Teen Dating Violence
Unhealthy relationships can start early and last a lifetime. Teens often think some behaviors, like teasing and name-calling, are a “normal” part of a relationship. However, these behaviors can become abusive and develop into more serious forms of violence.
Teen dating violence [187KB, 2Pages, 508] is defined as the physical, sexual, psychological, or emotional aggression within a dating relationship, including stalking. It can occur in person or electronically and might occur between a current or former dating partner. Several different words are used to describe teen dating violence. Below are just a few:
- Relationship abuse
- Intimate partner violence
- Relationship violence
- Dating abuse
- Domestic abuse
- Domestic violence
Teen dating violence is widespread with serious long-term and short-term effects. Many teens do not report it because they are afraid to tell friends and family. The 2015 National Youth Risk Behavior Survey [2.77MB,180Pages, 508] found that nearly 12% of high school females reported physical violence and nearly 16% reported sexual violence from a dating partner in the 12 months* before they were surveyed. For high school males, more than 7% reported physical violence and about 5% reported sexual violence from a dating partner.
A CDC Report found among victims of contact sexual violence, physical violence, or stalking by an intimate partner, nearly 23% of females and 14% of males first experienced some form of violence by that partner before age 18.
*Kann, L., McManus, T., Harris. W. A., et al. (2016). Youth Risk Behavior Surveillance – United States, 2015. MMWR, 65(6).
Teen Dating Violence Prevention Infographic
As teens develop emotionally, they are heavily influenced by experiences in their relationships. Healthy relationship behaviors can have a positive effect on a teen’s emotional development. Unhealthy, abusive, or violent relationships can have short- and long-term negative effects on a developing teen. Youth who experience dating violence are more likely to:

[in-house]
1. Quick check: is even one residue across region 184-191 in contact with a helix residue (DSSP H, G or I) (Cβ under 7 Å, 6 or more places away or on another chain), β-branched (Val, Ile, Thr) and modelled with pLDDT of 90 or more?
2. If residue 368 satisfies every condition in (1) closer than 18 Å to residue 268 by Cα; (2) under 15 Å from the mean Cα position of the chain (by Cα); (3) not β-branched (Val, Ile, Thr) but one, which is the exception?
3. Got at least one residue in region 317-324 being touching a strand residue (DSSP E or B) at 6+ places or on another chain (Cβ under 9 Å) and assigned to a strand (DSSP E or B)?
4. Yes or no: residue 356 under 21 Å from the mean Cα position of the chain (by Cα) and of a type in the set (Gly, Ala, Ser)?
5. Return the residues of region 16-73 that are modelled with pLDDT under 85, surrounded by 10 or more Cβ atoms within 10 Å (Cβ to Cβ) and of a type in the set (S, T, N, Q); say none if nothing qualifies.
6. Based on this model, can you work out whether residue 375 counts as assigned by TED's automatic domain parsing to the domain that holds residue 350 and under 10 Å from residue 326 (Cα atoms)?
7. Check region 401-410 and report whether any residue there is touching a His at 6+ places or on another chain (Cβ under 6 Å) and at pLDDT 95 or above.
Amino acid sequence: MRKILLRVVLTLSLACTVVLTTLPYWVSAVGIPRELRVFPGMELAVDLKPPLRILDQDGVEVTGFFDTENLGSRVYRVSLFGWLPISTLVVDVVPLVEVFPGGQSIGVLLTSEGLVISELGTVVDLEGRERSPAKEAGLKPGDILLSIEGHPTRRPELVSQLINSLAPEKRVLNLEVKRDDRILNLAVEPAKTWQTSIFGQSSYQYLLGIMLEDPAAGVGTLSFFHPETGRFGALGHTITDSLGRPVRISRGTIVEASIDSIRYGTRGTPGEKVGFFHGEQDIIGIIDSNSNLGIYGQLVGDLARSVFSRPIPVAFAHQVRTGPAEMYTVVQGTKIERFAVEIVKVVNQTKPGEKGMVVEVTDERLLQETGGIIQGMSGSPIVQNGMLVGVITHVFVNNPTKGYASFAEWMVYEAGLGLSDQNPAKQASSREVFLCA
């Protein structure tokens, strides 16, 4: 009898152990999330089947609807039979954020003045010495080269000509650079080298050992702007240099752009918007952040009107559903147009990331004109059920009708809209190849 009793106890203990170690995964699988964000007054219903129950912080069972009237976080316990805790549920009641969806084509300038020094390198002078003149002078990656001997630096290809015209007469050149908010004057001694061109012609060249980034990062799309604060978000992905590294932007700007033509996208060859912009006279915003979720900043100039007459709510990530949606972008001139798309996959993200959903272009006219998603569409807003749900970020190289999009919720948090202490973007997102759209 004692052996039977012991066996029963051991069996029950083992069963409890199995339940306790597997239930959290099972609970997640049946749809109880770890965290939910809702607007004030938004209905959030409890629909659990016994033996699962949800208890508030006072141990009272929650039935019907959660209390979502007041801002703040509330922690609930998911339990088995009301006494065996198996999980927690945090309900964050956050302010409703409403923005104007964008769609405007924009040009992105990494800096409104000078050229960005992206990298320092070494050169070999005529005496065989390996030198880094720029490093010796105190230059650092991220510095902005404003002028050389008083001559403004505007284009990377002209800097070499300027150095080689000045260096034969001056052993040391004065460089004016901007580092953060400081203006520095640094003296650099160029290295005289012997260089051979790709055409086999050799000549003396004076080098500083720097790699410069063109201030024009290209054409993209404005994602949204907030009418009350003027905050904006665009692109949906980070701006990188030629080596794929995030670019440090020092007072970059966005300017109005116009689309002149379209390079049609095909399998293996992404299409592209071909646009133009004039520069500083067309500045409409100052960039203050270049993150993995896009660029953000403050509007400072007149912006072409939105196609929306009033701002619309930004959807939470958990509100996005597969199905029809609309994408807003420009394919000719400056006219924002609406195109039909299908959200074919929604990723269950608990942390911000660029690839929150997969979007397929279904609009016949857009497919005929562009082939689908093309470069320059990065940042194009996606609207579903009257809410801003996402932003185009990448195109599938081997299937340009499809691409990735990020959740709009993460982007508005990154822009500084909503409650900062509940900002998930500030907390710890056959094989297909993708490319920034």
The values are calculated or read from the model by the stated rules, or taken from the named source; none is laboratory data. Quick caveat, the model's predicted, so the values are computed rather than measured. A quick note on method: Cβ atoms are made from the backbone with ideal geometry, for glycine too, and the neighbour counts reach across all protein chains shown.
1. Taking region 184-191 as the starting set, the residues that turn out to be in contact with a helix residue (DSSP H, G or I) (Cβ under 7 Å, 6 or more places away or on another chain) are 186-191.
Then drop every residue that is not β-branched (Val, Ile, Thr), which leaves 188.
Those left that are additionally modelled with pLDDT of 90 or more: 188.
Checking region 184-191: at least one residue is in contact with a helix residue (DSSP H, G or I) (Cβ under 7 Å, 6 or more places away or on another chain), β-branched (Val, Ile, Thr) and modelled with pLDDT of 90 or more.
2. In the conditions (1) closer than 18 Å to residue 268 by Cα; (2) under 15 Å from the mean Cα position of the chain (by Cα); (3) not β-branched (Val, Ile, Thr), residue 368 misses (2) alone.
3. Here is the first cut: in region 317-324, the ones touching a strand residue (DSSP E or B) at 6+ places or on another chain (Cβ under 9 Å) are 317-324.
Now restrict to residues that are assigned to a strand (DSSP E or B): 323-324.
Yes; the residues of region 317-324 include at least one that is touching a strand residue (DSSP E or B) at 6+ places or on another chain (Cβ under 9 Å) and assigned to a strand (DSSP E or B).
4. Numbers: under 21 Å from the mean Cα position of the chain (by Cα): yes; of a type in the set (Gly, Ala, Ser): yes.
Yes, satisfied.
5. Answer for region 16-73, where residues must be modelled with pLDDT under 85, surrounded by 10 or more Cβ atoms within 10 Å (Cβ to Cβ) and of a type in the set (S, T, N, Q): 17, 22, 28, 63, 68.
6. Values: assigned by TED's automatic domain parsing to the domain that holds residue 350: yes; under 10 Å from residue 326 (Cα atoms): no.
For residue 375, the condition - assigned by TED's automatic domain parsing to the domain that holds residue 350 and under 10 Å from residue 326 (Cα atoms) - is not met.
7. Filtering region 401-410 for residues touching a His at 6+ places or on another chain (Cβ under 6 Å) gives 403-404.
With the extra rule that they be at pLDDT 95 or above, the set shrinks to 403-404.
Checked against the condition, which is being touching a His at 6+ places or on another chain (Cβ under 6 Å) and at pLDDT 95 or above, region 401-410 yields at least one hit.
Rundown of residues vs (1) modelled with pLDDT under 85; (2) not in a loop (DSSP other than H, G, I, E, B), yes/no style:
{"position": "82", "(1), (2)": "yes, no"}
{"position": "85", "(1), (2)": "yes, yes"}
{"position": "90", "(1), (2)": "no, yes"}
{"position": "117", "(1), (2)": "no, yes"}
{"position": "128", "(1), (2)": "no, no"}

- Experience symptoms of depression and anxiety
- Engage in unhealthy behaviors, such as using tobacco, drugs, and alcohol
- Exhibit antisocial behaviors
- Think about suicide
Additionally, youth who are victims of dating violence in high school are at higher risk for victimization during college.
Teens receive messages about how to behave in relationships from peers, adults, and the media. All too often these examples suggest that violence in a relationship is normal, but violence is never acceptable.
Violence is related to certain risk factors. The risk of having unhealthy relationships increases for teens who:
- Believe that dating violence is acceptable
- Are depressed, anxious, or have other symptoms of trauma
- Display aggression towards peers or display other aggressive behaviors
- Use drugs or illegal substances
- Engage in early sexual activity and have multiple sexual partners
- Have a friend involved in teen dating violence
- Have conflicts with a partner
- Witness or experience violence in the home
Communicating with your partner, managing uncomfortable emotions like anger and jealousy, and treating others with respect are a few ways to keep relationships healthy and nonviolent. Dating violence can be prevented when teens, families, organizations, and communities work together to implement effective prevention strategies.
- Understanding Teen Dating Violence Fact Sheet [187KB, 2Pages, 508]
- Preventing Intimate Partner Violence Across the Lifespan: A Technical Package of Programs, Policies, and Practices [4.52MB, 64Pages, 508]
- A Comprehensive Technical Package for the Prevention of Youth Violence and Associated Risk Behaviors [4.09MB, 64Pages, 508]
- STOP SV: A Technical Package to Prevent Sexual Violence [3MB, 48Pages, 508]
- Dating Matters: Understanding Teen Dating Violence Prevention
- Division of Adolescent and School Health
Other Federal Resources
- Office on Violence Against Women
- Office on Women’s Health: Violence Against Women topics and resources
- Office for Victims of Crime
- National Domestic Violence Hotline
- Love is Respect
- National Sexual Assault Hotline
- National Sexual Assault Online Hotline
- National Online Resource Center on Violence Against Women (VAWnet)
- The National Sexual Violence Resource Center
- National Resource Center on Domestic Violence